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Devonshire cream

noun
Origin of Devonshire cream
1815-1825
1815-25
Dictionary.com Unabridged
Based on the Random House Dictionary, © Random House, Inc. 2015.
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Examples from the Web for Devonshire cream
Historical Examples
  • Like me, Mrs. Pomeroy finds the Devonshire cream very heavy.

    The Affair at the Inn Kate Douglas Wiggin
  • When ready, the soap should be of the consistency of Devonshire cream.

  • The roe should be well plumped, and of the consistency of Devonshire cream.

    Cakes & Ale Edward Spencer
  • He reached for the marmalade, and requested that a bowl of Devonshire cream should be passed along.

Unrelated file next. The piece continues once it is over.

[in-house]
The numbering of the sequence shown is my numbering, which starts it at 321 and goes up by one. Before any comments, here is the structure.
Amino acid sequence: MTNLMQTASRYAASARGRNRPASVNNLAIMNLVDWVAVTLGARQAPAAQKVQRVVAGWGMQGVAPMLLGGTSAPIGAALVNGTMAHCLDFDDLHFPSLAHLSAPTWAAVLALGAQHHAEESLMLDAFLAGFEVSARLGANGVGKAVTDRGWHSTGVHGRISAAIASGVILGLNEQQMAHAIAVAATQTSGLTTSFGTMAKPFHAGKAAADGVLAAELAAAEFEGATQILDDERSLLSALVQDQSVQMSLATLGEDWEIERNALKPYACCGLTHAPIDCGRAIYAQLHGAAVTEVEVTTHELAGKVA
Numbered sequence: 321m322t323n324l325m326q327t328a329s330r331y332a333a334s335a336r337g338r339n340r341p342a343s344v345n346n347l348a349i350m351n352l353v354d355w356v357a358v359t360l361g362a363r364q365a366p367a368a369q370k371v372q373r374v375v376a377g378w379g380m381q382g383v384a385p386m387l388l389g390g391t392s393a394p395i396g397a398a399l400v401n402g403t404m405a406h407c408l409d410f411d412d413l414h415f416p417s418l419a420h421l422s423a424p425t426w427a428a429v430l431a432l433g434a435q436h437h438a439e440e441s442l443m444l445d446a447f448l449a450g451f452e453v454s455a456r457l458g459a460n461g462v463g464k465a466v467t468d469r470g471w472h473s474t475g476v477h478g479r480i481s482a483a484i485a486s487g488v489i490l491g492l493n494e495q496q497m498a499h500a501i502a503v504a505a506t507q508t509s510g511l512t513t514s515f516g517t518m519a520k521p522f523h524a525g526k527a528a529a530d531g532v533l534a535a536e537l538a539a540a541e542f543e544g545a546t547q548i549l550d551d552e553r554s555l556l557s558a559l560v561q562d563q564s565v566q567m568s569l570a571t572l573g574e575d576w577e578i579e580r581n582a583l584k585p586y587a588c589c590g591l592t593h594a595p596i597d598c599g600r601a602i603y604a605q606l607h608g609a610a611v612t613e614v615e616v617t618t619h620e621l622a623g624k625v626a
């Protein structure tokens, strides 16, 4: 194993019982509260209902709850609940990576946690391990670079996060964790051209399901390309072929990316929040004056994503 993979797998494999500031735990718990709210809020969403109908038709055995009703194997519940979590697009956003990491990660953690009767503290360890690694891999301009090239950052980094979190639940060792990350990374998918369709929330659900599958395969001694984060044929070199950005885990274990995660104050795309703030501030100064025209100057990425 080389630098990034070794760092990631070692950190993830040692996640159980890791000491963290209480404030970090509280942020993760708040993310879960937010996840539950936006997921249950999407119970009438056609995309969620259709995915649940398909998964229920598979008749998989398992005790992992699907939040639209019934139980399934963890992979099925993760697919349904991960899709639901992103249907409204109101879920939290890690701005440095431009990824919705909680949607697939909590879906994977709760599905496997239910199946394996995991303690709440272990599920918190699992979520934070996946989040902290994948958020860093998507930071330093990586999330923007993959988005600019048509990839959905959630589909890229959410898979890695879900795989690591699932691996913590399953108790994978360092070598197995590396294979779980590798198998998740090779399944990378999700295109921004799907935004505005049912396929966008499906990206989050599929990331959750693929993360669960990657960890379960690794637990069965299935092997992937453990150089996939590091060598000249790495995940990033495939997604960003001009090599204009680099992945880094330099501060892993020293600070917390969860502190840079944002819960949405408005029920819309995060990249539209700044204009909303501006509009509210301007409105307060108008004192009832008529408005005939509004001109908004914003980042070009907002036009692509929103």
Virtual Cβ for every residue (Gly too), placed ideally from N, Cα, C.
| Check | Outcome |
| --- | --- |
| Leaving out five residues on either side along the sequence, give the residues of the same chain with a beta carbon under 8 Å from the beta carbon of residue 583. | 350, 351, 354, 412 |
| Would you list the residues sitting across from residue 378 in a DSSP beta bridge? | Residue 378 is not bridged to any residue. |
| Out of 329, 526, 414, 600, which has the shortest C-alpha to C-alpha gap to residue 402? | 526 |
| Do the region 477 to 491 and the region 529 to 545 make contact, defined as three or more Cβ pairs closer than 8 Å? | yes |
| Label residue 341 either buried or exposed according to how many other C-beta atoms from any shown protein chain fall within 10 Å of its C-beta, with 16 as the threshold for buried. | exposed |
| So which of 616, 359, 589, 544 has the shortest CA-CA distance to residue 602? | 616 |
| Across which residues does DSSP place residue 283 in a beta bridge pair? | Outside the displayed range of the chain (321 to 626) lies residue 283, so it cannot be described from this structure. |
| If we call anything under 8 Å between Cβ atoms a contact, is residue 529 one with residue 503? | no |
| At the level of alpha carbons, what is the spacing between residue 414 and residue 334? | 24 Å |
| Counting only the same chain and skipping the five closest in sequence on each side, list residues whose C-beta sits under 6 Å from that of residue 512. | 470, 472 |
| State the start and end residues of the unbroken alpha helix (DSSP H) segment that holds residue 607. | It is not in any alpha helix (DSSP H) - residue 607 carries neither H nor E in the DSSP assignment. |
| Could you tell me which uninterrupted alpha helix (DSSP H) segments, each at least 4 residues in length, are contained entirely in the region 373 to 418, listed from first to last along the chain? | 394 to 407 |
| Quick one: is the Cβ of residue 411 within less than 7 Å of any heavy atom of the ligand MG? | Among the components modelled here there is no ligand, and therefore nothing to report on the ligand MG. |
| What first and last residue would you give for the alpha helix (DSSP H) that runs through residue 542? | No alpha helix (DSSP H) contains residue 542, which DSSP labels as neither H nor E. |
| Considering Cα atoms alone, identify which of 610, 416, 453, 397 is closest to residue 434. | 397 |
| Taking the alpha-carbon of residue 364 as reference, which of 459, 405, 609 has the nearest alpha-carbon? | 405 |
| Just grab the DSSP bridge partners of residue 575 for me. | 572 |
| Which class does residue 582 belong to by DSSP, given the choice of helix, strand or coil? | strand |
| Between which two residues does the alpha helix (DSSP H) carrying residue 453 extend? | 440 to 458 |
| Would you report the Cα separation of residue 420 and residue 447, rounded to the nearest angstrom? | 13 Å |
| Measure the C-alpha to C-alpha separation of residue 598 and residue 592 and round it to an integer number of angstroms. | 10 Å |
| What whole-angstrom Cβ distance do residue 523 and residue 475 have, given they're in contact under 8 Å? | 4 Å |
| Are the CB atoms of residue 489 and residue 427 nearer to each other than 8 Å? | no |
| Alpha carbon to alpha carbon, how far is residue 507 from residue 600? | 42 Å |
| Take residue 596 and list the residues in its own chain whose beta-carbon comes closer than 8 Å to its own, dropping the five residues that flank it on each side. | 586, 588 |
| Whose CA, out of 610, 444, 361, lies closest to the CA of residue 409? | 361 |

Red Money Fergus Hume
  • Will you have some Devonshire cream on your home-baked bread?

    Twos and Threes G. B. Stern
  • Devonshire cream, of course; and part of a large dish of junket, which is something like curds and whey.

  • Devonshire cream is thick and clotted, and is used on fruits, mush, etc.

    The Century Cook Book Mary Ronald
  • I have had these fits of the blues lately; I think it must be the Devonshire cream; I must stop it.

    The Affair at the Inn Kate Douglas Wiggin
  • I'd have whipped him into Devonshire cream if I'd had a clear stage.

    Contraband G. J. Whyte-Melville
  • Devonshire cream is world famous for its thickness and richness.

    The Complete Book of Cheese Robert Carlton Brown
British Dictionary definitions for Devonshire cream

Devonshire cream

/ˈdɛvənʃɪə; -ʃə/
noun
1.
another name for clotted cream
Collins English Dictionary - Complete & Unabridged 2012 Digital Edition
© William Collins Sons & Co. Ltd. 1979, 1986 © HarperCollins
Publishers 1998, 2000, 2003, 2005, 2006, 2007, 2009, 2012
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